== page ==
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Linux Magazine Column 33 (Feb 2002)

[suggested title: Who's got the button?]

Those cute little graphic buttons for your website. Who has time to make them? Especially when you're redesigning your website and changing the text, or perhaps even the text varies occasionally or frequently.

Well, I was faced with that issue the other day while I was thinking about Yet Another Redesign for my website at I want to include some ``next'' and ``previous'' buttons, but didn't want to spend a lot of time in some bitmap-drawing program coming up with them.

I've tackled a task similar to this before using the GD library, but that was just the rounded corners for table-ish buttons. This time, I wanted to go whole hog and do the whole thing as one graphic, so that the ALT text would be properly replaced on a non-graphical browser.

GD's font capabilities never really impressed me, so I turned (with some great hesitation) to the ImageMagick library, and its PerlMagick binding. I believe I know where the ``Magick'' part of the library gets its name: when you finally figure out how to do what you want, it appears to be ``magick'', since the documentation, well, is mostly absent.

So, after invoking convert some 200 to 300 times, slowly varying the parameters, and trying new things, and then trying to figure out how to convert that to the Perl bindings, again invoking it some 200 times or so (I'm not joking about these numbers, and I wish I was), I've come up with [listing one, below].

No, please don't ask me to fully explain the mappings between the code here and the convert lines I issued before: it all appears magically to me. I don't think anyone ever writes a PerlMagick program... they just start with the examples in the distribution test suite, and try to cut-and-paste until something works. I know I had to stare at Magick.xs (the Perl binding code to the Magick library) at least a dozen times to get some of the parameters to even try.

In hopes that I'll save you a bit of time, and provide Yet Another Working Sample for PerlMagick, let's take a look at the code.

This code is meant to be used either as a CGI program or under mod_perl's Apache::Registry. Obviously, if you're taking a lot of hits, you'll want the Apache::Registry version. With that in mind, look at lines 5 through 13, in which we create the appropriate ``query'' object. If we're under mod_perl then the test in line 6 is true, and we fetch the Apache::Request module to get a query object from there. If not, we use the normal CGI module to get a query object. The object must respond to a param method to give us the input parameters, and nicely, both of these do.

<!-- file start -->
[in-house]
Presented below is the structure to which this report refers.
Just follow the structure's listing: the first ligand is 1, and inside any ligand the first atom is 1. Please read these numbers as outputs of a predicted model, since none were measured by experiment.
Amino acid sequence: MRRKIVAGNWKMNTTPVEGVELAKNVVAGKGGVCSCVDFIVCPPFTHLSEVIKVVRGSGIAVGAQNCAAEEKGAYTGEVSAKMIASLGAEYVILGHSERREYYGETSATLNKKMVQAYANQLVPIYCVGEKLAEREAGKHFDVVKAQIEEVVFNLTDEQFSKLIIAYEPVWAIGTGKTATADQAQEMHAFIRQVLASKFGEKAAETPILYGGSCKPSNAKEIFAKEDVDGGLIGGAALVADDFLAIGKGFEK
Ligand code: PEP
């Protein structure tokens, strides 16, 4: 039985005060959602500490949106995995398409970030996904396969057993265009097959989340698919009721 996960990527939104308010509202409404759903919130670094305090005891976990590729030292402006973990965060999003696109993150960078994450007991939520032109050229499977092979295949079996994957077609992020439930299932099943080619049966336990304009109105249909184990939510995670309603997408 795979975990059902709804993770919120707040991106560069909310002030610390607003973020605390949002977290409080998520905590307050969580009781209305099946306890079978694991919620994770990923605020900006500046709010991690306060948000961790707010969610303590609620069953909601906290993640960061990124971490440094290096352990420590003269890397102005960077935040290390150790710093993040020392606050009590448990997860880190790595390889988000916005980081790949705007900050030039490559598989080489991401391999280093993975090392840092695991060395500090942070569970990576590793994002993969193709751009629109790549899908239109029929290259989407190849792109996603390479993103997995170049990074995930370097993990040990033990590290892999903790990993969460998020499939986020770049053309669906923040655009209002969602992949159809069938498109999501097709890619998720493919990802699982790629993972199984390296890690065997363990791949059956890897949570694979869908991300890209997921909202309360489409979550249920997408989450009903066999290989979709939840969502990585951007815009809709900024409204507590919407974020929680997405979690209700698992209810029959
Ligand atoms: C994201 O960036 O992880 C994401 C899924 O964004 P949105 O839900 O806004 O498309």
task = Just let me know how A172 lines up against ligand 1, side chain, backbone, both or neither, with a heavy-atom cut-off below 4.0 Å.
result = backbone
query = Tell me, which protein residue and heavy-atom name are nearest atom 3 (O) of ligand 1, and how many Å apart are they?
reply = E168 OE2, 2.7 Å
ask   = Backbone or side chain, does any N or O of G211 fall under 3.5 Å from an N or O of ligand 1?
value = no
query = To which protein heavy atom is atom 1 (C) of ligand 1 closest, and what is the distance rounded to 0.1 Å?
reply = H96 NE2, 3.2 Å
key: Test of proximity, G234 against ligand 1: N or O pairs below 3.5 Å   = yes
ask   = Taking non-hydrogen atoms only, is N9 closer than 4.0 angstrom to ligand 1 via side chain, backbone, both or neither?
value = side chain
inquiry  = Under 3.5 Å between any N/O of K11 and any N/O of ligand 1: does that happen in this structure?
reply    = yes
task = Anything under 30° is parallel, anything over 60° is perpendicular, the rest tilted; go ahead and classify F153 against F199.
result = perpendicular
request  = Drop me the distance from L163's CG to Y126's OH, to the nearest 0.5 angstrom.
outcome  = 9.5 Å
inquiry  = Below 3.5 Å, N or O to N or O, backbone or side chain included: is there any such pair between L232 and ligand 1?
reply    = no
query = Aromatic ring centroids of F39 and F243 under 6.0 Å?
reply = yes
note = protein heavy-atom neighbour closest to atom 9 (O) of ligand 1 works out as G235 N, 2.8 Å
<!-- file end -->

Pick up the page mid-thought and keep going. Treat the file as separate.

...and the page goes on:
Once we have the query object, lines 16 to 19 fetch the parameters. Line 16 gets the label for the button, defaulting to submit. Line 17 gets the foreground color, and line 18 gets the background color. Line 19 gets the size (in typesetting points) for the text. Note that the size of the button in pixels depends on whether the text has ascenders or descenders. (That messes up a series of uniform buttons, but maybe one of you can tell me how to trim left-to-right without trimming top-to-bottom with ImageMagick, and then I could fix the height.)

Line 22 starts a stopwatch for real (wallclock) time and CPU times. We use the numbers in lines 87 and 88 to print the burden on the system to the web error log. Line 87 subtracts out the new wallclock and CPU times, and line 88 formats the values nicely for the log. (Child-user and child-system times are discarded, since they would always be 0, as we did not fork.)

Line 24 preens the possibly messy characters from the four input parameters. Line 25 builds a ``key'' for the cache from those parameters. As it would be prohibitively expensive to regenerate the button on each page visit, we'll instead cache the generated image for up to a day (extending that if it's being accessed), and we need a unique key for this image under which to cache the image.

Speaking of the cache, this gets set up in lines 27 to 31. Cache::FileCache is part of the Cache::Cache module in the CPAN. The $cache object gives us access to a particular cache: one that autopurges items once a day, and expires those items after one day by default. We define a particular namespace so that items from this cache don't collide with any other possible cached items. Note that the interface of the Cache::Cache suite means that we could easily change this to a memory-based cache or a per-process cache simply by using a different package instead of Cache::FileCache.

Line 33 declares the $image variable that will eventually have either a cached image or a newly-created image.

Lines 34 to 37 attempt to fetch this image from the cache. First, the cache is asked for the unique key for the desired image. If the item is present, then the expiration time is updated to extend its life for another day, since we are now accesssing it again. If it's not present, or for some reason expires between getting the cache object and getting its payload (in line 36), then $image remains undefined, which works fine for our use.

If the cache comes up empty, line 39 begins the code to construct the image from scratch. Line 40 brings in the Image::Magick module, which glues Perl to the ImageMagick library.

Lines 42 and 43 adjust a couple of things that I didn't want to have as user-input, but might (and did) need tweaking during development or deployment. The font is set to helvetica, and the rounded border was set to be the fontsize over 2. For a more squarish-looking button, you can make this smaller, but at this value, it tended to make buttons with semicircles on both ends (except for text with ascenders or descenders).